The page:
Rather than it being a fun celebration, Jamie Gladman’s 30th birthday took a horror-movie turn after she and her friends discovered hidden cameras in the bathrooms of their Airbnb.
For her birthday, Gladman booked a vacation rental along B.C.’s Sunshine Coast for the weekend of March 17, and invited 12 of her friends. “The place had good reviews,” she says of the rental. “It was a newer listing, but it had about 15 reviews, all good.”
It was a large property outside the town of Sechelt with a view of the water. The online pictures made it look clean and modern. But when Gladman arrived on the Friday night, she immediately noticed red flags. The place was dirty, with dishes needing to be washed and food crumbs on the counter. Artwork hung from the walls at strange intervals, few at eye level. When a friend showered in one of the bathrooms, a racist slur appeared scrawled in the steam of the mirror, showing it hadn’t been wiped down. And in the basement bedroom, where Gladman and her sister were staying, was a large, plastic rendering of a townhouse nailed to the wall, replete with miniature model people.
“It was really creepy,” Gladman says. “It was like the people were watching us.”
Despite the off-putting accommodations, the friends persevered, making the best of the weekend. That was until Saturday night, when one of the friends noticed a crack in a bathroom outlet. The outlet, which faced the shower, hadn’t been working all weekend. Having seen TikTok videos about hidden cameras in Airbnbs, the friend took out her phone and shone a flashlight into the outlet. Reflected back at her was the glint of a tiny camera lens.
“I’d seen videos online before, but I just chalked it up to a hoax, people just trying to go viral,” Gladman says. “I would have never thought to check.”
The friends crowded into the bathroom, using a knife to unscrew the outlet’s cover and get a better look at the camera. Gladman googled the company that manufactured the outlet, trying to remain optimistic that it was just a smart outlet, but the search results confirmed her fears. “They were all hidden cameras that you can buy on Amazon,” she says.
The friend who found the initial camera went hunting for others, discovering a second one in an outlet in the upstairs bathroom also facing the shower. Meanwhile, the rest of the group checked their phones and found a Wi-Fi network, password protected, titled “Bullseye.”
“We were freaking out,” Gladman says, “because at first we’re like, ‘Well, it could just be a memory card USB in the camera,’ but then seeing the Wi-Fi network, we were like, ‘Okay, someone could potentially be watching us right now.’”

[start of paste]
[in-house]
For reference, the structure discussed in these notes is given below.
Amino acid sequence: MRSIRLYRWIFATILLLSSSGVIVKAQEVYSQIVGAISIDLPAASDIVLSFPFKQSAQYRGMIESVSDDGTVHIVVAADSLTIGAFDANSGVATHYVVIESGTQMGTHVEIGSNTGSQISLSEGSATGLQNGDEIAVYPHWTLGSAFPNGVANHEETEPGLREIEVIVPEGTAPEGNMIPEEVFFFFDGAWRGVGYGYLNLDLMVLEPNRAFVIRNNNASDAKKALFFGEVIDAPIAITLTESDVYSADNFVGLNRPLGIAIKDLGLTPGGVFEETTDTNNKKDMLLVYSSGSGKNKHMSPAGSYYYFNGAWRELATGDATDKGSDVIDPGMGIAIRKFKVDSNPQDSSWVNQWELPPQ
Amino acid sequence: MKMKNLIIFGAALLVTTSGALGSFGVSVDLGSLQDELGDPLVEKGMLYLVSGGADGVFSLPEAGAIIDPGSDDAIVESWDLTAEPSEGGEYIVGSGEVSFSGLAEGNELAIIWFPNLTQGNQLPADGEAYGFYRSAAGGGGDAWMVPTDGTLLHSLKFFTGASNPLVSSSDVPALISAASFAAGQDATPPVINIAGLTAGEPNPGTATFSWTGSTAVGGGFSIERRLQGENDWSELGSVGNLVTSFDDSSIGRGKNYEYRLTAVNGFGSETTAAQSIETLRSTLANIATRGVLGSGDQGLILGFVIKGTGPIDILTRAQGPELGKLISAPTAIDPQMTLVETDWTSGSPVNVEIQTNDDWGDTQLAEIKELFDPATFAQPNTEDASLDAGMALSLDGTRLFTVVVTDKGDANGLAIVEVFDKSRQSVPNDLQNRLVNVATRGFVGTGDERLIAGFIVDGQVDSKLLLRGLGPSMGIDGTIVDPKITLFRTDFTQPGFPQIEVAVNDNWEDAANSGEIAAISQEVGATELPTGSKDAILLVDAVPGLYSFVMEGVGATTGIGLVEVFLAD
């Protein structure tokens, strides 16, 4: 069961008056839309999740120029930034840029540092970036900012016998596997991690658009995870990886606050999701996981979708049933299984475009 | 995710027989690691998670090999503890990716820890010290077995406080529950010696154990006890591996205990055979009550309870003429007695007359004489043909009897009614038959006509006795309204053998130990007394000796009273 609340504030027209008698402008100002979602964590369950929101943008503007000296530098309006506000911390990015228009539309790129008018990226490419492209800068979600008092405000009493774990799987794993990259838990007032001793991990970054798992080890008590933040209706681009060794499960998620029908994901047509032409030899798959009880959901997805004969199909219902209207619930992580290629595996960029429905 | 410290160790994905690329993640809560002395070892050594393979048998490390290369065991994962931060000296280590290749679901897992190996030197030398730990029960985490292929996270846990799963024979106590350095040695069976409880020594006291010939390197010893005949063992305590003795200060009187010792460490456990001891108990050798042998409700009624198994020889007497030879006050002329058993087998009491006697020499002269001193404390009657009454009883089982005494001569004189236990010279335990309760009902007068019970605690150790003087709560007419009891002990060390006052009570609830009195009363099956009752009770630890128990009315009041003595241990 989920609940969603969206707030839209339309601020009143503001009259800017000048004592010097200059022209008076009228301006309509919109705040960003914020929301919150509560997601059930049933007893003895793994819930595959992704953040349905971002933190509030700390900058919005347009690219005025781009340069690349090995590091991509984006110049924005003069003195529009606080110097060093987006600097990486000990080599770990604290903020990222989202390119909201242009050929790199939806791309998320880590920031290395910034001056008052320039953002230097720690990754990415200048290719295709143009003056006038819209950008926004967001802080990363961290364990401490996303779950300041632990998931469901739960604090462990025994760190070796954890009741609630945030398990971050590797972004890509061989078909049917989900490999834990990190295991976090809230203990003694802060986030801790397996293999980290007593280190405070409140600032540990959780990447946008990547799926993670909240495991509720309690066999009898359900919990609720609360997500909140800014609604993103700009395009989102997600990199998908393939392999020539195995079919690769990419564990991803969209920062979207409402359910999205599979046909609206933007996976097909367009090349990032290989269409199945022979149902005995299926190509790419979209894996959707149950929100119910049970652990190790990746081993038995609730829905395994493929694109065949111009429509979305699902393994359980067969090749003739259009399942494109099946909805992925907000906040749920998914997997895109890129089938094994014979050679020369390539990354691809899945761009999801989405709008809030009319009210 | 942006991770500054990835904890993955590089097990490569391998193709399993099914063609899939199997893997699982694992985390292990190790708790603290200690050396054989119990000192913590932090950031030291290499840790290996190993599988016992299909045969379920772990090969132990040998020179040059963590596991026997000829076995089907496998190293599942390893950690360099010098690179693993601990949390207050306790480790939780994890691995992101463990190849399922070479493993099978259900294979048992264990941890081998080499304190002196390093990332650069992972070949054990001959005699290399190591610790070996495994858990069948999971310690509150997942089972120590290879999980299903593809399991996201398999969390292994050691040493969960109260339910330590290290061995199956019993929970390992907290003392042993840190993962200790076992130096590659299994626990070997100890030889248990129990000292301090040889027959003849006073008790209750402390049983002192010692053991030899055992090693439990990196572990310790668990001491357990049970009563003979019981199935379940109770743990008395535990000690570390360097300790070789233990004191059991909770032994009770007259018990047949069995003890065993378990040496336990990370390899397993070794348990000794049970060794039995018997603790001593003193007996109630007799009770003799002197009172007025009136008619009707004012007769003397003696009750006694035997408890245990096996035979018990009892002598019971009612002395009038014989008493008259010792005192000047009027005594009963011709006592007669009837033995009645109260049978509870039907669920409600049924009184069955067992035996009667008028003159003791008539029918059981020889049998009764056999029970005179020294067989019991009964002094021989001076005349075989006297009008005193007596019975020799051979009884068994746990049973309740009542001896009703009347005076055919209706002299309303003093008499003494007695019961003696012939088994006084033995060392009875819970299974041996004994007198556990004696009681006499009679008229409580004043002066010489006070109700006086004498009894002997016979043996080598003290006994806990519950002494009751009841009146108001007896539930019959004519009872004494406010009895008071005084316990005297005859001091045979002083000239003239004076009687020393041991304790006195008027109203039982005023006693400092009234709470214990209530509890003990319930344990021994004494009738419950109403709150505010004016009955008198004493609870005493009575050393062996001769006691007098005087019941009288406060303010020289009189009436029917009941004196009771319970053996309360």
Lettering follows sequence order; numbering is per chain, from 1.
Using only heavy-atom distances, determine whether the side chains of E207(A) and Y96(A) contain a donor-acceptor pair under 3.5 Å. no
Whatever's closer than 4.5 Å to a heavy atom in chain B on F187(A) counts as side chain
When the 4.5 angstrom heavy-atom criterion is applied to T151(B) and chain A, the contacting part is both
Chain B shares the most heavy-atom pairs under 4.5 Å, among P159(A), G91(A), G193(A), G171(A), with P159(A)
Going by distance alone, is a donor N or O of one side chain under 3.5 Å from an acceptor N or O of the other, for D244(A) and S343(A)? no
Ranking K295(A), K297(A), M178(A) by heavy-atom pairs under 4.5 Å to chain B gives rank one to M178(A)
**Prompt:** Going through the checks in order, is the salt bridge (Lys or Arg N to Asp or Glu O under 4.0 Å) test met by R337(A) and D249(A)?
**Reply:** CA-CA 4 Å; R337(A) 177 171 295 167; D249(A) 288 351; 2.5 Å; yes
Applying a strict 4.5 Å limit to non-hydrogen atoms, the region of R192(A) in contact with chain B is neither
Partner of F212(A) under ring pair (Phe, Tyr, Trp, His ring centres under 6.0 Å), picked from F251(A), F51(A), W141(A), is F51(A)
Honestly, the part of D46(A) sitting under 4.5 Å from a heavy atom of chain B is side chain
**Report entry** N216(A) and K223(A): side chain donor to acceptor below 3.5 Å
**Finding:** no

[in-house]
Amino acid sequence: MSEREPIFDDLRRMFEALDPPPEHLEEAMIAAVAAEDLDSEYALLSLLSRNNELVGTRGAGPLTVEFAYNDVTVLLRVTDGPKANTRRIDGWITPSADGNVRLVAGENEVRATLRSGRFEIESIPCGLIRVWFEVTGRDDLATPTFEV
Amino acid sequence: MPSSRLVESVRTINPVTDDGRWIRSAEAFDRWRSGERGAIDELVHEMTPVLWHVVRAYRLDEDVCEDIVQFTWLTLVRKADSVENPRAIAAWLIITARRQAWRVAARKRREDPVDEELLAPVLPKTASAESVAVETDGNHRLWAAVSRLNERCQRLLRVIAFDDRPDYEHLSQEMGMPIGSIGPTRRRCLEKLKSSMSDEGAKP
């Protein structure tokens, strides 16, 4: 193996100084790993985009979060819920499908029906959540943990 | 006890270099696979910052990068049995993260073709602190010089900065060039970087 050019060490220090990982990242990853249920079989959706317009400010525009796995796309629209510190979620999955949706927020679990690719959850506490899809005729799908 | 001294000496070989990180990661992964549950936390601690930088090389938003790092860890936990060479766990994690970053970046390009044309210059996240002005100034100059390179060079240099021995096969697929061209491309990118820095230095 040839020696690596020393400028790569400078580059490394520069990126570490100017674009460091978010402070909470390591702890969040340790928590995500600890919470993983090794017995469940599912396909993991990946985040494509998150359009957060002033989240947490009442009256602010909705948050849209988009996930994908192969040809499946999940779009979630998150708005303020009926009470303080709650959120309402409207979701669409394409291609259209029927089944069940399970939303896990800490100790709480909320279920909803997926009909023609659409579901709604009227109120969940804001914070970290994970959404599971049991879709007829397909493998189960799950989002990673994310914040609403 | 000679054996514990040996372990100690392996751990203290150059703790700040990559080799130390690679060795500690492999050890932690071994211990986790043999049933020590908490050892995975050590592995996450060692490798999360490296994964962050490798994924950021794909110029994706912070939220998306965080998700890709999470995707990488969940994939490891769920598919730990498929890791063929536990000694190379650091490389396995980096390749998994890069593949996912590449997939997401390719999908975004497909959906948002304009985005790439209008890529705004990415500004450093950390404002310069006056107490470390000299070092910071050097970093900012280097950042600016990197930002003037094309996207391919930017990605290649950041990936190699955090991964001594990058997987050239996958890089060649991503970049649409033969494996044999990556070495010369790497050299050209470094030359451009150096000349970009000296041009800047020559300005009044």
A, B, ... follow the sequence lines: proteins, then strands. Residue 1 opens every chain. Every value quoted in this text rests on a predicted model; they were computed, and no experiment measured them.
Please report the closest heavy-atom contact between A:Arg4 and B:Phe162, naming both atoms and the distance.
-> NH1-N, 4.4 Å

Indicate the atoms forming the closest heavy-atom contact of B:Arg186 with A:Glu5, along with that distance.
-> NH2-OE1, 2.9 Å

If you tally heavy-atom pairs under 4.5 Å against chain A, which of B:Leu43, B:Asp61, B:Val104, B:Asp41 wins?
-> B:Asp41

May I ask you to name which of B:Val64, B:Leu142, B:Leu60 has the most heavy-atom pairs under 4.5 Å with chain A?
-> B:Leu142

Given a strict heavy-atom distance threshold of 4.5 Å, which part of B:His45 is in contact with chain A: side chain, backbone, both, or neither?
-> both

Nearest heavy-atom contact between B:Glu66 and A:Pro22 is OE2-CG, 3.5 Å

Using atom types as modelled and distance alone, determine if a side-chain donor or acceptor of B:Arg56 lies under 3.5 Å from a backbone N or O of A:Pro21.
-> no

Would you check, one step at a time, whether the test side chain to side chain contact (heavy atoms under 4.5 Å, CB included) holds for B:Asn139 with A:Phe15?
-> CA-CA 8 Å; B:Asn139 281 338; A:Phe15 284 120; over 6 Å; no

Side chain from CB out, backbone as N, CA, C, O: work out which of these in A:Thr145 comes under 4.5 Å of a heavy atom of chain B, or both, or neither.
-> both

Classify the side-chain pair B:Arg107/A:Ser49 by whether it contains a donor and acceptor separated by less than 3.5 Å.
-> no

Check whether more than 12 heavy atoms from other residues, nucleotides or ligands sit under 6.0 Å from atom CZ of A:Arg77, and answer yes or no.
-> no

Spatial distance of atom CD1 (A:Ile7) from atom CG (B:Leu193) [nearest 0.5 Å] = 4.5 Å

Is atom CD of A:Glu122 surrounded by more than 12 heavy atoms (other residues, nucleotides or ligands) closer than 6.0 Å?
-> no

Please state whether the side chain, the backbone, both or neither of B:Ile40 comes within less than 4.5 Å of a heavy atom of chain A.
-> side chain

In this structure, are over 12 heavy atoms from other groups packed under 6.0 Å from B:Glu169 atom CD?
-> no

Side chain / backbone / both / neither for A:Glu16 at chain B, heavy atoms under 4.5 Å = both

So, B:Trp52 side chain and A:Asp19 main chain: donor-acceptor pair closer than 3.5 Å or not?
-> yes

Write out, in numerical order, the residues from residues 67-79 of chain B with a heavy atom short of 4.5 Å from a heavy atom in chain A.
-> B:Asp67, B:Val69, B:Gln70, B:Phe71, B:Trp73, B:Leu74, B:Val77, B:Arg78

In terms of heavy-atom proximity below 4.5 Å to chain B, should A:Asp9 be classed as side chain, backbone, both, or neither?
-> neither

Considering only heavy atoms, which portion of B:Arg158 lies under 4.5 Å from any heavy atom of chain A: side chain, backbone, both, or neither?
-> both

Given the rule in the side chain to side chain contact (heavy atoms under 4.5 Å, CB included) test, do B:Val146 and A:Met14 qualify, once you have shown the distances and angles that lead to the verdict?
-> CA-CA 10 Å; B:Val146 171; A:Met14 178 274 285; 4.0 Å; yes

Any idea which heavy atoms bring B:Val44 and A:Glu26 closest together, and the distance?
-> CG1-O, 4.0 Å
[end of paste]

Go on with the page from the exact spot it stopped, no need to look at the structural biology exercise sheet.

The group covered the cameras with tape and started censoring their conversations in case there were microphones. They considered calling the police, but it was late, they’d been drinking, and they’d taken the ferry across from Vancouver, so they didn’t have anywhere else to stay. Instead, they spent one last, sobering night in the rental before packing up and leaving early Sunday morning.
Once Gladman was home, she contacted the RCMP and filed a report. The RCMP secured a search warrant and located the two cameras within the property. Gladman says the RCMP are currently conducting a lab analysis on the cameras.
She also reported the property to Airbnb. In response to the incident, Airbnb said in an email: “We ban hidden cameras and previously refunded the guest as we investigate this allegation. The listing and the host have been suspended ever since the allegation came forward as we continue our investigation, which happened in mid-March. We are in touch with the local police as they continue their investigation.”
According to Gladman, after Airbnb suspended the account, the rental’s owner went to local police—prior to the search warrant being secured—and also requested the property be searched. “That could just be them trying to save face, pretend they’re not guilty,” she says. “Or maybe they don’t know about it. Maybe it was a previous guest. But that seems like kind of a difficult thing to do if you don’t have access to the property.”
Gladman has been in contact with a lawyer, receiving legal advice on what actions she can take in response to the cameras.
A 2019 study conducted by property services firm IPX1301, found that of 2,000 surveyed American Airbnb guests, 11 per cent had discovered hidden cameras while staying in a rental.
To protect against this, digital security company Eset recommends physically checking the property, looking in outlets, alarm clocks, speakers, smoke detectors, and light bulbs. While searching, use a flashlight as the camera’s lens may reflect the light. Turn the lights down low and look for the red or green LEDs of night-vision cameras. Check for any hidden Wi-Fi networks. Or download a hidden-camera-detection app. Some apps can scan Wi-Fi networks for connected devices.
“The technology advancements are scary, especially how small these devices can be,” Gladman says. “It’s not something you normally think to check for, but it’s better to play on the safe side.”
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